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PostPosted: Thu Apr 27, 2017 4:50 pm    Post subject: Reply with quote

snichols wrote:
roccotrumpetsiffredi wrote:
What can the winner of the audition expect to earn assuming a 2 year trial? I suppose the CSO minimum + some percentage?

Assuming all goes well and a full time position is awarded, would the pay be significantly greater than during the trial?

Mutti makes millions, no? You figure they could pay the top bugler pretty well.

Is it possible that some principal members make north of $300/400/500 per year?

Does it depend on instrument?


Probably not. I would speculate in the 200s somewhere. 300s max. Yes, the music director can make 7 figures, but the concert master is going to be the next highest earner with the other principals following. There's probably someone here that can speak to it more accurately...


Thanks for the reply. I recall reading Phil Smith was making approx 385k towards the end of his career, perhaps some article. The few recent articles I've read simply say principals can make a lot more.

Is there a way to look this up on a publicly available source?

Cheers
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sweet-ribs chamberlain
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PostPosted: Thu Apr 27, 2017 6:03 pm    Post subject: Reply with quote

Since American orchestras are all non-profit organizations their tax returns are publicly available. Try looking the form 990 for your favorite orchestra. The top 10 paid non-administration positions are listed. I use guidestar for this.

Sweet-ribs
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DH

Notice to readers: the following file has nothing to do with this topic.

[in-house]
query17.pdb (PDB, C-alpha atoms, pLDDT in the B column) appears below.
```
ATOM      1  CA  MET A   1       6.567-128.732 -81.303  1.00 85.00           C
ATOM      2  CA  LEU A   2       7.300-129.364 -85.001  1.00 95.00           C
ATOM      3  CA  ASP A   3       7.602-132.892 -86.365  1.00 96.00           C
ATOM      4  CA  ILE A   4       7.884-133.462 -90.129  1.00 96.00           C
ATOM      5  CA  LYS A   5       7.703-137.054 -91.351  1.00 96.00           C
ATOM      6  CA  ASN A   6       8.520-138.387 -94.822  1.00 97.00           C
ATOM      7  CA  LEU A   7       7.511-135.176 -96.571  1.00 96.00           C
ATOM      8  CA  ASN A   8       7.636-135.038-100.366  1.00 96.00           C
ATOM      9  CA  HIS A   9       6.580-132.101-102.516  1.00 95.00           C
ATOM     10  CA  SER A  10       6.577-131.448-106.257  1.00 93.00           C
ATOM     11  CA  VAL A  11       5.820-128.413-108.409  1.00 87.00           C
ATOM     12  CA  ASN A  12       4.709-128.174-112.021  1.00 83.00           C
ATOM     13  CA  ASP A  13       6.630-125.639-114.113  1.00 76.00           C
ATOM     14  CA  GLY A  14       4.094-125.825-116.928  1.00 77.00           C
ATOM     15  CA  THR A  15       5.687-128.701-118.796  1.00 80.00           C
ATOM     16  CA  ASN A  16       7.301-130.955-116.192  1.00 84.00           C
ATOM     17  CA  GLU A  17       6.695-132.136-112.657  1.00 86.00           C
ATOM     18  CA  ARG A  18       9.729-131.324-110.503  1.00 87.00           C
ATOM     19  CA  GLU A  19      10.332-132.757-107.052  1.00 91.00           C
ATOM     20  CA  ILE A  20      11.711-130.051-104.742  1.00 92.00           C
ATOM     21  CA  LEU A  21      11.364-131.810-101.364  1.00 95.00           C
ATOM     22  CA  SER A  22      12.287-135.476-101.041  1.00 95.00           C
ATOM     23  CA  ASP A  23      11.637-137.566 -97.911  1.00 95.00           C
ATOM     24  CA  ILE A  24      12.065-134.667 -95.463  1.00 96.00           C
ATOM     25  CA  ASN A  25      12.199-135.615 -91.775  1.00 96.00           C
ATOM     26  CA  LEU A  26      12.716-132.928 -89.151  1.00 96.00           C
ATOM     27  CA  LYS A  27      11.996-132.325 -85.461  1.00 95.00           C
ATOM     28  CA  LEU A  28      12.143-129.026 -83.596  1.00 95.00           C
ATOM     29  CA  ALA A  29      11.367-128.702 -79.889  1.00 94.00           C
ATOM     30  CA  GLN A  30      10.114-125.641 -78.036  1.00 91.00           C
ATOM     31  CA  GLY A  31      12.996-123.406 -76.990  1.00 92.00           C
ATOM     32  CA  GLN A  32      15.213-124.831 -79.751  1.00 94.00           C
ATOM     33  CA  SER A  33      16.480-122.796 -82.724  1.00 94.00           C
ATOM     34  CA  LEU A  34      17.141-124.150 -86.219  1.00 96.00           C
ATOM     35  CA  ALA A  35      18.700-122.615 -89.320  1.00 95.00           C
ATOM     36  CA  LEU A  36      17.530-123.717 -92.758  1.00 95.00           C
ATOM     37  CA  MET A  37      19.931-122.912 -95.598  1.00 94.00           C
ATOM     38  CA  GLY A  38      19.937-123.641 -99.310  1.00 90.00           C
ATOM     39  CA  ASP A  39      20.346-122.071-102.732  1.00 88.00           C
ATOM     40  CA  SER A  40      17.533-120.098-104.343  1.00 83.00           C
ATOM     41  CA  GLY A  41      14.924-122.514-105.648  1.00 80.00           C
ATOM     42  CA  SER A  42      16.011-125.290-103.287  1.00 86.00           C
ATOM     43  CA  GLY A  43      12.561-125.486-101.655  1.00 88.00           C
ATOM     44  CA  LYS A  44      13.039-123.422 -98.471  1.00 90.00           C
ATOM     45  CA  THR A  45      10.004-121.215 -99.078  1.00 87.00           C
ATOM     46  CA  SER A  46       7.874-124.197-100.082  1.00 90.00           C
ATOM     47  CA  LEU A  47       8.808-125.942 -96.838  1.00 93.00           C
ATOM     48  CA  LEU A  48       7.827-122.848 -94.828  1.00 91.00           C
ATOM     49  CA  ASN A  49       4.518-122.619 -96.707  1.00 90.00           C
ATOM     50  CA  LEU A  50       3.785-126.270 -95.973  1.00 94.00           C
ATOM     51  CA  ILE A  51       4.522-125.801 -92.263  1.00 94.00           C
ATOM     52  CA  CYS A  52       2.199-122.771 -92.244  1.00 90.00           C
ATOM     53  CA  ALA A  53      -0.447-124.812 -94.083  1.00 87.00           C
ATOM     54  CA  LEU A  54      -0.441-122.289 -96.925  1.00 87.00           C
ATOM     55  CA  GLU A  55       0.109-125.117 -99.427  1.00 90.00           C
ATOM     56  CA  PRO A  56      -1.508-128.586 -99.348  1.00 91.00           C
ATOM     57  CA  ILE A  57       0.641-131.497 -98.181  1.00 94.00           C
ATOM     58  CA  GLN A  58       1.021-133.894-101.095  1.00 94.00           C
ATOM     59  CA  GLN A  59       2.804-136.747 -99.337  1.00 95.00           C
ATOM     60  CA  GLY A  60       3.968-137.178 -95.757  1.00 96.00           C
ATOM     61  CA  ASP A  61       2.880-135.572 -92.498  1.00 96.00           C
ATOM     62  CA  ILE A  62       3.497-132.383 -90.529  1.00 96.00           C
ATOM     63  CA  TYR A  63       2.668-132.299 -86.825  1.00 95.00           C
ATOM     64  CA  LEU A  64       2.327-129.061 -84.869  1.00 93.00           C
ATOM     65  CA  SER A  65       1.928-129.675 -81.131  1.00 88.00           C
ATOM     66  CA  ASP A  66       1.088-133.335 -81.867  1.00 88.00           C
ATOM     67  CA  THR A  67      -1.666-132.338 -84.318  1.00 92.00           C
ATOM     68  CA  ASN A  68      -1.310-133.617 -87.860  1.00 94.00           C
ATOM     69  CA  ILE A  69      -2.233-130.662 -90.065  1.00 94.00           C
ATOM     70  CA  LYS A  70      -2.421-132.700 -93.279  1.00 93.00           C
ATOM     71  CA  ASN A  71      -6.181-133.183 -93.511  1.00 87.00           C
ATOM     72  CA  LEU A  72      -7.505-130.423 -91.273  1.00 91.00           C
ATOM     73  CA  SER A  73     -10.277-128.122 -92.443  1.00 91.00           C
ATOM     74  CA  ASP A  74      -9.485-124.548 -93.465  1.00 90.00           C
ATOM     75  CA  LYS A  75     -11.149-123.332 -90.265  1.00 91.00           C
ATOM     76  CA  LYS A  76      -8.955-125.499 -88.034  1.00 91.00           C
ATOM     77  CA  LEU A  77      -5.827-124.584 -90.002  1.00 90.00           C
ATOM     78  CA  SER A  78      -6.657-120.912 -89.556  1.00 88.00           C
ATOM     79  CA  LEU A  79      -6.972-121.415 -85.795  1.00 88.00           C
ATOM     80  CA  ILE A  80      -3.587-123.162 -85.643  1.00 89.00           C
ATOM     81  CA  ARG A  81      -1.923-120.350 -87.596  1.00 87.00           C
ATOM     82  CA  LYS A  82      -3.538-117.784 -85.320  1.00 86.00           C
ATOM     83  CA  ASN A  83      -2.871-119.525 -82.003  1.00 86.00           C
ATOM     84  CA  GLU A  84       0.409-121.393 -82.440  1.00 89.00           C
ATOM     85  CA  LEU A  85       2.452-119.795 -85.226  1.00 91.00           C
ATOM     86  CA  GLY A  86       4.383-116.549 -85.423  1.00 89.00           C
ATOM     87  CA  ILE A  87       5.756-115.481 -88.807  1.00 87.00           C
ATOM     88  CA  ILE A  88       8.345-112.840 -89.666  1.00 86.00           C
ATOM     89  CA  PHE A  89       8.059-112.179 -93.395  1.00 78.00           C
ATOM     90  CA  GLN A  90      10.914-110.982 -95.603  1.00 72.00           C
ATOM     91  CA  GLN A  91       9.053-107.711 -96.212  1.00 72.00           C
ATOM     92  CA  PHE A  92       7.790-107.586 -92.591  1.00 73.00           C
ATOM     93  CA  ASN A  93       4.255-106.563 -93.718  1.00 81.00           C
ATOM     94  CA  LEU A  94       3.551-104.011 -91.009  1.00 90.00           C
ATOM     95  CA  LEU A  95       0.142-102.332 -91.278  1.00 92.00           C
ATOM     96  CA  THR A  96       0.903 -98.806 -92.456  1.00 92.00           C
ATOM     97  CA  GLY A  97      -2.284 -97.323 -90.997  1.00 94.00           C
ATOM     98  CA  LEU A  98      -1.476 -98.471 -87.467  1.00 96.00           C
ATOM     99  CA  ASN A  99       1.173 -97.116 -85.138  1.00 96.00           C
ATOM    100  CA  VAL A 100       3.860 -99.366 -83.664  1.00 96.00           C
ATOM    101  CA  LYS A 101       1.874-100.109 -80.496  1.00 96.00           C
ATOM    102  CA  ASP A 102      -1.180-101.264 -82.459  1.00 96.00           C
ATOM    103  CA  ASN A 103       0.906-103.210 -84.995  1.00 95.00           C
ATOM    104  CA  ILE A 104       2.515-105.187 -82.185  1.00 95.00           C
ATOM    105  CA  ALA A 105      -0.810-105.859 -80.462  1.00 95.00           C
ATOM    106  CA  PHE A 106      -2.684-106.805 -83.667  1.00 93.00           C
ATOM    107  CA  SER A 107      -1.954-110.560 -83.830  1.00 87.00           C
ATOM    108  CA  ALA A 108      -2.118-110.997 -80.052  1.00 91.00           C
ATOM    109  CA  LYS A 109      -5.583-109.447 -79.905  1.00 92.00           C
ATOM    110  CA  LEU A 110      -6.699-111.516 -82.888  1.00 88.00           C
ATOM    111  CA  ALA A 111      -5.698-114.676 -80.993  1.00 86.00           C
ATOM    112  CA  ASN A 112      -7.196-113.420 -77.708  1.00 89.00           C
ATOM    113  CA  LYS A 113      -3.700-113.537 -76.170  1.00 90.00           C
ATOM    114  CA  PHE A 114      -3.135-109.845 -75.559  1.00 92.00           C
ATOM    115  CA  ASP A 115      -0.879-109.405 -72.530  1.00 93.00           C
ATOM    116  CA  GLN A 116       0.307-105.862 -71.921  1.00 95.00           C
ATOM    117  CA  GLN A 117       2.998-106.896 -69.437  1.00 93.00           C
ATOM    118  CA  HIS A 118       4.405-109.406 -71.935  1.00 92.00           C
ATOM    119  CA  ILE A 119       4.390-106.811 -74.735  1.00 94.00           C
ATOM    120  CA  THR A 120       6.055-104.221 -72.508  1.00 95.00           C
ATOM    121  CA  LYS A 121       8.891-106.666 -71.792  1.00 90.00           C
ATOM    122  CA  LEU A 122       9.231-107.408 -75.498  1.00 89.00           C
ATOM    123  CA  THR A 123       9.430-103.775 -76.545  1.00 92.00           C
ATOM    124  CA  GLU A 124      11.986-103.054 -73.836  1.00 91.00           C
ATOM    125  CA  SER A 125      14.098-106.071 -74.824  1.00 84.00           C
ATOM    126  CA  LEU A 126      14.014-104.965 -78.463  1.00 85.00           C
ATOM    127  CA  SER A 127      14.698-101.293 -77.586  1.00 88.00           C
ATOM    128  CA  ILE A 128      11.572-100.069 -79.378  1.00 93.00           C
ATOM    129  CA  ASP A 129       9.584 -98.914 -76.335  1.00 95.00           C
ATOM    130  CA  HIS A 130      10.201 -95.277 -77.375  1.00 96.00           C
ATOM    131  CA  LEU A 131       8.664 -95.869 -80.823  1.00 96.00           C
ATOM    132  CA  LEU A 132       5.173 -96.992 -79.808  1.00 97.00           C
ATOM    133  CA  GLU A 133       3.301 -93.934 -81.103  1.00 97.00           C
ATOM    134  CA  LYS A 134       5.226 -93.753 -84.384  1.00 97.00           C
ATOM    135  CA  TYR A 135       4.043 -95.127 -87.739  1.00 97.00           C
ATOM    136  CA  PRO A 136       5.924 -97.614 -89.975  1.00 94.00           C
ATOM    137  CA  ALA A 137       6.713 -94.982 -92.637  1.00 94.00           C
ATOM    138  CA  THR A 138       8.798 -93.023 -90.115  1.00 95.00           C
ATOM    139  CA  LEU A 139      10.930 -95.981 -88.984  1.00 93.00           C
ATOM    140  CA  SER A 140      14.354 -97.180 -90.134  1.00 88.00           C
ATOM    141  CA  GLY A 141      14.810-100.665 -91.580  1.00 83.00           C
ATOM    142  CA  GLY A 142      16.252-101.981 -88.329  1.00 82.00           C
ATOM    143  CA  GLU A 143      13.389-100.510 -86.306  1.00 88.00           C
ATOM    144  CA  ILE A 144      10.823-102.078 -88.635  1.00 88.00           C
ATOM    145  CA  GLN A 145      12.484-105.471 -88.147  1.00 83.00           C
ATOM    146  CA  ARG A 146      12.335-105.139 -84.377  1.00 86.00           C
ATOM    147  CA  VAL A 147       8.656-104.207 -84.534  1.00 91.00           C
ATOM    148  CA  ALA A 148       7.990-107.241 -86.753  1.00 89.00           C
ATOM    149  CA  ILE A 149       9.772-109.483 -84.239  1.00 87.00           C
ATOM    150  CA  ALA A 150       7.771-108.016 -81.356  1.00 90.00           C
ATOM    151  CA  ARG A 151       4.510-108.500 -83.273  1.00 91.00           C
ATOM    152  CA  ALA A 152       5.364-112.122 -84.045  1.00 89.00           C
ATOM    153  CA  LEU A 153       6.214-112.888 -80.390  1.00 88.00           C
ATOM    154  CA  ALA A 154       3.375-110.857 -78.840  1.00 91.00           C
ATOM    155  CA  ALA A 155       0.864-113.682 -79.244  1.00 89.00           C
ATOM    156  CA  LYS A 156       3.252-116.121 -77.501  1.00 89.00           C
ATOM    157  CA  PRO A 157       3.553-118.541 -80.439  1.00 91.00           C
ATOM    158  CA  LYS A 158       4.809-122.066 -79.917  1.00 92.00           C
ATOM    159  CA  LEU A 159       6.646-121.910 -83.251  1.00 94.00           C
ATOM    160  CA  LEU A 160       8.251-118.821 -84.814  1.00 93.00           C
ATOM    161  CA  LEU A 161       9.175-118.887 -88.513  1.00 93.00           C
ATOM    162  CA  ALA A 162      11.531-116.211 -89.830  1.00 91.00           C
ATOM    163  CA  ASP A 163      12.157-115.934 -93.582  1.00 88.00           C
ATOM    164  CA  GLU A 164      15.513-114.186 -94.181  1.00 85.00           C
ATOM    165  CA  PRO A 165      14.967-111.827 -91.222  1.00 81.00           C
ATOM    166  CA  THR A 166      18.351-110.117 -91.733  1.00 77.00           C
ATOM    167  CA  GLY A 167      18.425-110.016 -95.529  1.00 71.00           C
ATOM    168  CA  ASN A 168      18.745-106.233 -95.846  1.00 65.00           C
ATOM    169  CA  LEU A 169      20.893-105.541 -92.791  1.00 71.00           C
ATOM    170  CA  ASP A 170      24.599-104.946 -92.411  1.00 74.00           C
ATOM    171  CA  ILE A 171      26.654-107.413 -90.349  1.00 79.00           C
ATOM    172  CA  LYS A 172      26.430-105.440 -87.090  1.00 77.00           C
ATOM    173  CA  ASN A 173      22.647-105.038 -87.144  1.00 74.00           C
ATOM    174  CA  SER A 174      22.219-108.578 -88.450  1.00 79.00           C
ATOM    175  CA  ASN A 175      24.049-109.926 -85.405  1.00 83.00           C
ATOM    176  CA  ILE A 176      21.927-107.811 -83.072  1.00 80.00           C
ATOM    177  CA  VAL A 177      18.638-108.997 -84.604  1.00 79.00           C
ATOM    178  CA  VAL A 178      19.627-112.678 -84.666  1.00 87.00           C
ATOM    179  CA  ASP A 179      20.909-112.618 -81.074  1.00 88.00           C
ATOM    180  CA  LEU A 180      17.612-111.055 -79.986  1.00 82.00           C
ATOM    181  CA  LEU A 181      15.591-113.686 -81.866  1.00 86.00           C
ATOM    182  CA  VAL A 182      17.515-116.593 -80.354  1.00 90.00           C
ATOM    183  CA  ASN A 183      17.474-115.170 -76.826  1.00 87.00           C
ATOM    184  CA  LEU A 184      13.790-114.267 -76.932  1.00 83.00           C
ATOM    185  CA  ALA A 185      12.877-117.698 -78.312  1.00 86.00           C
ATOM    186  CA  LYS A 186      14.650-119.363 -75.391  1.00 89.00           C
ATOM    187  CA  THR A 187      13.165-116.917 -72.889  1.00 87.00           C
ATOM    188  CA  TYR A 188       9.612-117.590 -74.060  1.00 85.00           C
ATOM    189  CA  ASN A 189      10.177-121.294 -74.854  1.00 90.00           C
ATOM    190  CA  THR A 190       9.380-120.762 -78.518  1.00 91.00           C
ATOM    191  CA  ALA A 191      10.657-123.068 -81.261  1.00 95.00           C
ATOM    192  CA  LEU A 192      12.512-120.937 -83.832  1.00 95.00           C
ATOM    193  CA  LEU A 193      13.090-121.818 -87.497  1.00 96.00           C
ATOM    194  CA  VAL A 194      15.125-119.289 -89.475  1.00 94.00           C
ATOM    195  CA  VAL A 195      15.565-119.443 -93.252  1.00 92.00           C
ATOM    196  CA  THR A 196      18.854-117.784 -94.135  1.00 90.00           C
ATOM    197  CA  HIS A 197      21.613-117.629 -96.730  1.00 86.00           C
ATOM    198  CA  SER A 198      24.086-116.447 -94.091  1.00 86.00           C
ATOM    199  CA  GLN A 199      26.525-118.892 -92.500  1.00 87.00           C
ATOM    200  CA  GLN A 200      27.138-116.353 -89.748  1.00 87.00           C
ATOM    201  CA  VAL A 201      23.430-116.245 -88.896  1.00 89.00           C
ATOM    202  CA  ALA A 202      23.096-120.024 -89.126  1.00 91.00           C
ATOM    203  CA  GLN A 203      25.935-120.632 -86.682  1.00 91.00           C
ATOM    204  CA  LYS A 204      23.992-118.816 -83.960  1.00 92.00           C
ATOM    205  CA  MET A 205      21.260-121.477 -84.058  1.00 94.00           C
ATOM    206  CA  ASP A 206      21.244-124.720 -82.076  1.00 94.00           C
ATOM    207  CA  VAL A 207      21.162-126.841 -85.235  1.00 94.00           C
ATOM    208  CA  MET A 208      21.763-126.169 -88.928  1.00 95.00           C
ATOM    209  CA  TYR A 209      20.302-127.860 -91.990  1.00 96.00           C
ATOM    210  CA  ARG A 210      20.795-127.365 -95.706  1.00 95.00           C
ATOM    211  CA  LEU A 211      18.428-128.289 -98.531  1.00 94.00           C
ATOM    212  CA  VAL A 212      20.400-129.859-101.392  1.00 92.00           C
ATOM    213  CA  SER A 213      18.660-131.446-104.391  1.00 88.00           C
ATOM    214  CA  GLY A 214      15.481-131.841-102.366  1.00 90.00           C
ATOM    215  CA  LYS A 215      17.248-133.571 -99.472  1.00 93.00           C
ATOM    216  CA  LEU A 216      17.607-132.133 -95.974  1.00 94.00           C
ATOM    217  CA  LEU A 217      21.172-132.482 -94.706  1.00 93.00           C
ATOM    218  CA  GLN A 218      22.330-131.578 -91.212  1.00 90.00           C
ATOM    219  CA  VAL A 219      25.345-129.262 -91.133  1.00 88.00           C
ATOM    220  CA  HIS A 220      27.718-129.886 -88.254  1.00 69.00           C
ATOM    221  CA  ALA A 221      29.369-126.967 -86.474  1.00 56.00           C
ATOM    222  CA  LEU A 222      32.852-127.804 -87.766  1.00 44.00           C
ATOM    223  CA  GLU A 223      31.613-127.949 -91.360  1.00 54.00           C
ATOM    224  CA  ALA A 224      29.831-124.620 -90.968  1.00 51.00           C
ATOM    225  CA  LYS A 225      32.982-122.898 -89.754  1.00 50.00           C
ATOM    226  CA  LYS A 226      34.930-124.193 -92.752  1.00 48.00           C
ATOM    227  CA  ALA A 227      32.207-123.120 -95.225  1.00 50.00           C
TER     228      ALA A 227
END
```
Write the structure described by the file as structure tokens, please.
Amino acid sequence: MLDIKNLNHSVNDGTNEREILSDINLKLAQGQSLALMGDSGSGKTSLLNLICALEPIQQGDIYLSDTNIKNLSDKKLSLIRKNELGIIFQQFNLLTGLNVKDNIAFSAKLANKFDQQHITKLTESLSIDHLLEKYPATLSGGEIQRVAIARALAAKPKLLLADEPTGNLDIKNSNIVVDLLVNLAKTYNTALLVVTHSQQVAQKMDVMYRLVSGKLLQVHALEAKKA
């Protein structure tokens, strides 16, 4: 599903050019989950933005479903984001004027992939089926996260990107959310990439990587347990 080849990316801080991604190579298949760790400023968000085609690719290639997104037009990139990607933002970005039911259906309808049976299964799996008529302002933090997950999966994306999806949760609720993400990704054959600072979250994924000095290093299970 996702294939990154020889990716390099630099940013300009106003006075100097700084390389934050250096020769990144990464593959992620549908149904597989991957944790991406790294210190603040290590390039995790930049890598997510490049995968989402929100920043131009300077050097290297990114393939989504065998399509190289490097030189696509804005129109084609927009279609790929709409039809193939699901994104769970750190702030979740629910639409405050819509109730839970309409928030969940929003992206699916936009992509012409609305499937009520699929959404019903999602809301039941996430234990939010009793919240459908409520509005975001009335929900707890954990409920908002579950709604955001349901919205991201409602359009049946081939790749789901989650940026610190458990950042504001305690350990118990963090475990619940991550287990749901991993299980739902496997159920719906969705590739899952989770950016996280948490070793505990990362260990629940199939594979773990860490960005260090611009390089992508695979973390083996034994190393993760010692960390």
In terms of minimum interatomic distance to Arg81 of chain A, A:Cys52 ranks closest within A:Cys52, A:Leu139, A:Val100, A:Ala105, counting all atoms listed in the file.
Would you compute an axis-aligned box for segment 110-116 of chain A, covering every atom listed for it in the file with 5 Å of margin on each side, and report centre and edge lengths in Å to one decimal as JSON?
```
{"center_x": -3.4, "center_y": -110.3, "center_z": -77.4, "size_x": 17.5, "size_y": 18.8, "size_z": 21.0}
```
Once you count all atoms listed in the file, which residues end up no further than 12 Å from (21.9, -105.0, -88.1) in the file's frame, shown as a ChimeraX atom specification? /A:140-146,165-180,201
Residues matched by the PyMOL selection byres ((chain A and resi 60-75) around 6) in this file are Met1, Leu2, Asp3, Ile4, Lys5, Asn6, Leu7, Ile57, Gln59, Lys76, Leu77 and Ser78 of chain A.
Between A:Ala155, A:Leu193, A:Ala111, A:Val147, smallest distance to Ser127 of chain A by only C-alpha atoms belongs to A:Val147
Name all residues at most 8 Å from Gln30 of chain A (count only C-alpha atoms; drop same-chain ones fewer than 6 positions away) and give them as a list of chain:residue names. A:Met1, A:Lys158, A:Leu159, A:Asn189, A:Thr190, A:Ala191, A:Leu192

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PostPosted: Thu Apr 27, 2017 6:54 pm    Post subject: Reply with quote

roccotrumpetsiffredi wrote:
Is there a way to look this up on a publicly available source?
Cheers


Yes. I believe it's IRS form 990. Non-profit groups are required to file and this is public information. What I've found online is generally a year or two behind.

One item listed is the 5 highest paid members of the organization. I seem to recall looking at NY Phil and those 5 included Concertmaster, Phil Myers, Phil Smith (don't recall the other two). If principal trumpet isn't in the top 5 it's not available on that form
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RandyTX
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PostPosted: Tue May 02, 2017 11:32 am    Post subject: Reply with quote

I saw this elsewhere and couldn't resist about the CSO opening. I couldn't figure out an incantation to make the forum software render it inline, but here's a link.

https://scontent-dft4-2.xx.fbcdn.net/v/t1.0-9/18198478_10156031298328362_65746797011710733_n.jpg?oh=3e32f39de13cf6b65b02d1b2a8e7e8b6&oe=5975C943
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roccotrumpetsiffredi
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PostPosted: Tue May 02, 2017 11:56 am    Post subject: Reply with quote

DH wrote:
roccotrumpetsiffredi wrote:
Is there a way to look this up on a publicly available source?
Cheers


Yes. I believe it's IRS form 990. Non-profit groups are required to file and this is public information. What I've found online is generally a year or two behind.

One item listed is the 5 highest paid members of the organization. I seem to recall looking at NY Phil and those 5 included Concertmaster, Phil Myers, Phil Smith (don't recall the other two). If principal trumpet isn't in the top 5 it's not available on that form


Thanks
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roccotrumpetsiffredi
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PostPosted: Sun May 14, 2017 1:56 pm    Post subject: Reply with quote

Anyone know how many contestants are entered in this trumpet decathalon?
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George Coble
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PostPosted: Sun May 14, 2017 5:56 pm    Post subject: Reply with quote